Catalyst 2948G-L3 and Catalyst 4908G-L3 Software Feature and Configuration Guide IOS Software, Release 12.0(10)W5(18e)
Initial Switch Router Configurations
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Initial Layer 3 Switch Router Configurations

Table Of Contents

Initial Layer 3 Switch Router Configurations

Starting Up the Layer 3 Switch Router

Using the Console and the Management Ports

Modem Support

Modem Support for Recovering a System Image

Passwords

Configuring the Management Port

Configuring the Host Name

Using the Bootflash Memory SIMM

Viewing the Contents of Bootflash Memory

Deleting Files from Bootflash Memory

Backing Up a System Image to a TFTP Server

Copying a System Image from a TFTP Server to a Bootflash Memory SIMM

Erasing Files from a Full Bootflash Memory SIMM

Recovering a System Image Using Xmodem and Ymodem

Xmodem Transfer Example Using the ROM Monitor mode

Updating the System Image

Downloading System Images from CCO

Copying the System Image to the Layer 3 Switch Router

Reloading the Layer 3 Switch Router


Initial Layer 3 Switch Router Configurations


This chapter describes the initial configuration of the Layer 3 switch router and contains the following sections:

Starting Up the Layer 3 Switch Router

Using the Console and the Management Ports

Configuring the Management Port

Configuring the Host Name

Using the Bootflash Memory SIMM

Recovering a System Image Using Xmodem and Ymodem

Updating the System Image


Note You are at Step 2 in the suggested process for configuring your Layer 3 switch router
(see the "Suggested Process for Configuring the Layer 3 Switch Routers" section). You should have already set up the hardware before proceeding with the initial Layer 3 switch router configurations.


Starting Up the Layer 3 Switch Router

The following is a review of tasks you should have completed during hardware installation, including starting up the Layer 3 switch router. You must complete these tasks before proceeding with configuring your Layer 3 switch router.


Step 1 Check that the Layer 3 switch router is set for the correct AC (or DC) power voltages.

Refer to the Catalyst 2948G-L3 Hardware Installation Guide or the Catalyst 4908G-L3 Hardware Installation Guide for correct power voltages.

Step 2 Connect the cables to the Layer 3 switch router.

Step 3 Connect the console terminal to the Layer 3 switch router.

Step 4 Power on the Layer 3 switch router.

Step 5 Enter the command line interface (CLI) configuration mode by answering no when you are prompted to enter the initial dialog:

Would you like to enter the initial dialog? [yes]: no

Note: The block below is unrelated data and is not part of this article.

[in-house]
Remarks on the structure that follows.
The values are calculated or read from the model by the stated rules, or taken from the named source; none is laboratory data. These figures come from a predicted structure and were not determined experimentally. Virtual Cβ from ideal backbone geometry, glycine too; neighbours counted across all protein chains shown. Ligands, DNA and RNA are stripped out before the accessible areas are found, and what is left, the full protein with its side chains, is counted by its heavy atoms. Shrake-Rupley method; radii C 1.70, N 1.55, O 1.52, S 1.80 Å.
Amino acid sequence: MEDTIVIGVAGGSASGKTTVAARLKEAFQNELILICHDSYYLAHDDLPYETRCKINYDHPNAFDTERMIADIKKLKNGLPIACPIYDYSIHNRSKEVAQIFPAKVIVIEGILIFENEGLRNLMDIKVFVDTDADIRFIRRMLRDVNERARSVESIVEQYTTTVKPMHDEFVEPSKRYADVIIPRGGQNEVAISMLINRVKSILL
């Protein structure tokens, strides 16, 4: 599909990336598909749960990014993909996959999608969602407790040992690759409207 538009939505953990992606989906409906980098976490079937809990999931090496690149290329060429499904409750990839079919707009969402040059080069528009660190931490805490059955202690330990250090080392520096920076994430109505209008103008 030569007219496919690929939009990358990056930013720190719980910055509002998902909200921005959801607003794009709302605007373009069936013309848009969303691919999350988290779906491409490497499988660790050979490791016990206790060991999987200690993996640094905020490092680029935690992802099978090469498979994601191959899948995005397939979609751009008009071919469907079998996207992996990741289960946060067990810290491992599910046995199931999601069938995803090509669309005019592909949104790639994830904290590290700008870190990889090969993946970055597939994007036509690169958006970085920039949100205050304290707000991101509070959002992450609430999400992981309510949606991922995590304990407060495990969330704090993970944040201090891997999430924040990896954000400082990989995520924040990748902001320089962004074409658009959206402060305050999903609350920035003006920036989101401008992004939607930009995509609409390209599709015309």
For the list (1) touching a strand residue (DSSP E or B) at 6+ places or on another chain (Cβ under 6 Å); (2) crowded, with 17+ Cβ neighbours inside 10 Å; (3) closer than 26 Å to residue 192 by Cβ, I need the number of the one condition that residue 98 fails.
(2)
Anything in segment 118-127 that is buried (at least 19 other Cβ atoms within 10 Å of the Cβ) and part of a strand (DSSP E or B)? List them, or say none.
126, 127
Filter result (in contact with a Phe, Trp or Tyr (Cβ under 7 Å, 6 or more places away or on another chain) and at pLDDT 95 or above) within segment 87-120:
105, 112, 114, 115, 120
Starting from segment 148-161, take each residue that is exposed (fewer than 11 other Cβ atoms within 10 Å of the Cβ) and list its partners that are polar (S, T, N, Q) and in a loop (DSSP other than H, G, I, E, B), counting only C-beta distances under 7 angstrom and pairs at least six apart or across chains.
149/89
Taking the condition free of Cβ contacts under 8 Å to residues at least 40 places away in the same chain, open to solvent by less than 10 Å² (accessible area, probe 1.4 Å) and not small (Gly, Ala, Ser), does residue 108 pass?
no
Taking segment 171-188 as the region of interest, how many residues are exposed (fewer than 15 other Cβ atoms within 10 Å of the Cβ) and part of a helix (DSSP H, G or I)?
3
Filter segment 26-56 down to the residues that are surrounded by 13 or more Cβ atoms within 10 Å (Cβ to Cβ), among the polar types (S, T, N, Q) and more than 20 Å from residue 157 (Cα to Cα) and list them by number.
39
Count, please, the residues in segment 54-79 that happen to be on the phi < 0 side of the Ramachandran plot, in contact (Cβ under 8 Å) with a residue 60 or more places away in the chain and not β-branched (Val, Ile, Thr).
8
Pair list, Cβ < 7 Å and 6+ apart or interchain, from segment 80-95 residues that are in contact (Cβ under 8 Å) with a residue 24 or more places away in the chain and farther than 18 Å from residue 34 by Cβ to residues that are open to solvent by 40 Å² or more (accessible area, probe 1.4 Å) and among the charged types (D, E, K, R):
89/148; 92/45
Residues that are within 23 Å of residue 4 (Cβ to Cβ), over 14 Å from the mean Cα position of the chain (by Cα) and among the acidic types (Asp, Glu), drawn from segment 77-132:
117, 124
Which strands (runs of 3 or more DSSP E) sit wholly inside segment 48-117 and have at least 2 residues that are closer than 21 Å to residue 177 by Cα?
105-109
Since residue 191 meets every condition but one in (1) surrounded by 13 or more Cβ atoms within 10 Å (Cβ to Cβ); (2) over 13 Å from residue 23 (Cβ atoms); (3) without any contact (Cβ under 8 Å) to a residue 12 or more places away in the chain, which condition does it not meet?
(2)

You see the following user EXEC prompt: Router>

In this step, you can also choose to answer yes and continue to use the configuration menu that is provided.


Using the Console and the Management Ports

You can configure your Layer 3 switch router from a direct console connection to the console port or remotely through its management port.

If you are using a direct console connection, configure your terminal emulation program for 9600 baud, 8 data bits, no parity, and 1 stop bit.

If you are configuring the management port, you must assign an IP address to any Fast Ethernet or Gigabit Ethernet port on your Layer 3 switch router, which serves as a management port.

For interface configuration instructions, see the "Configuring the Management Port" section.

For further details on configuring ports and lines for management access, refer to the
Cisco IOS Configuration Fundamentals Configuration Guide.

Modem Support

Layer 3 switchYou can connect a modem to the console port or to the auxiliary port on the Layer 3 switch router. The following settings on the modem are required:

Enable auto answer mode

Suppress result codes

You can configure your modem by setting the DIP switches on the modem or by connecting the modem to terminal equipment. Refer to the user manual provided with your modem for the correct configuration information.


Note Because there are no hardware flow control signals available on the console port, the console port terminal characteristics should match the modem settings.


For further details on configuring ports and modems for management access, refer to the
Cisco IOS Configuration Fundamentals Configuration Guide and
Cisco IOS Dial Solutions Configuration Guide.

Modem Support for Recovering a System Image

The Catalyst 2948G-L3 and the Catalyst 4908G-L3 switch routers support Xmodem and Ymodem protocols. If all of the system images in the bootflash memory are damaged or erased, you can copy an image from a local or remote computer (such as a PC, UNIX workstation, or Macintosh computer) using the Xmodem or Ymodem protocols. The Xmodem and Ymodem protocols support different speeds of file transfers. The maximum file transfer speed supported is 57600 baud. This functionality primarily serves as a disaster recovery technique where system images are recovered using Xmodem and Ymodem commands on the ROM monitor from the console port on your Layer 3 switch router.

For more information on recovering a system image, see the "Recovering a System Image Using Xmodem and Ymodem" section.

Passwords

There are two types of passwords.You can configure both an enable password and an enable secret password. For maximum security, the enable password should be different from the enable secret password.

Enable password—The enable password is a nonencrypted password. It can contain any number of uppercase and lowercase alphanumeric characters. Give the enable password only to users permitted to make configuration changes to the Layer 3 switch router.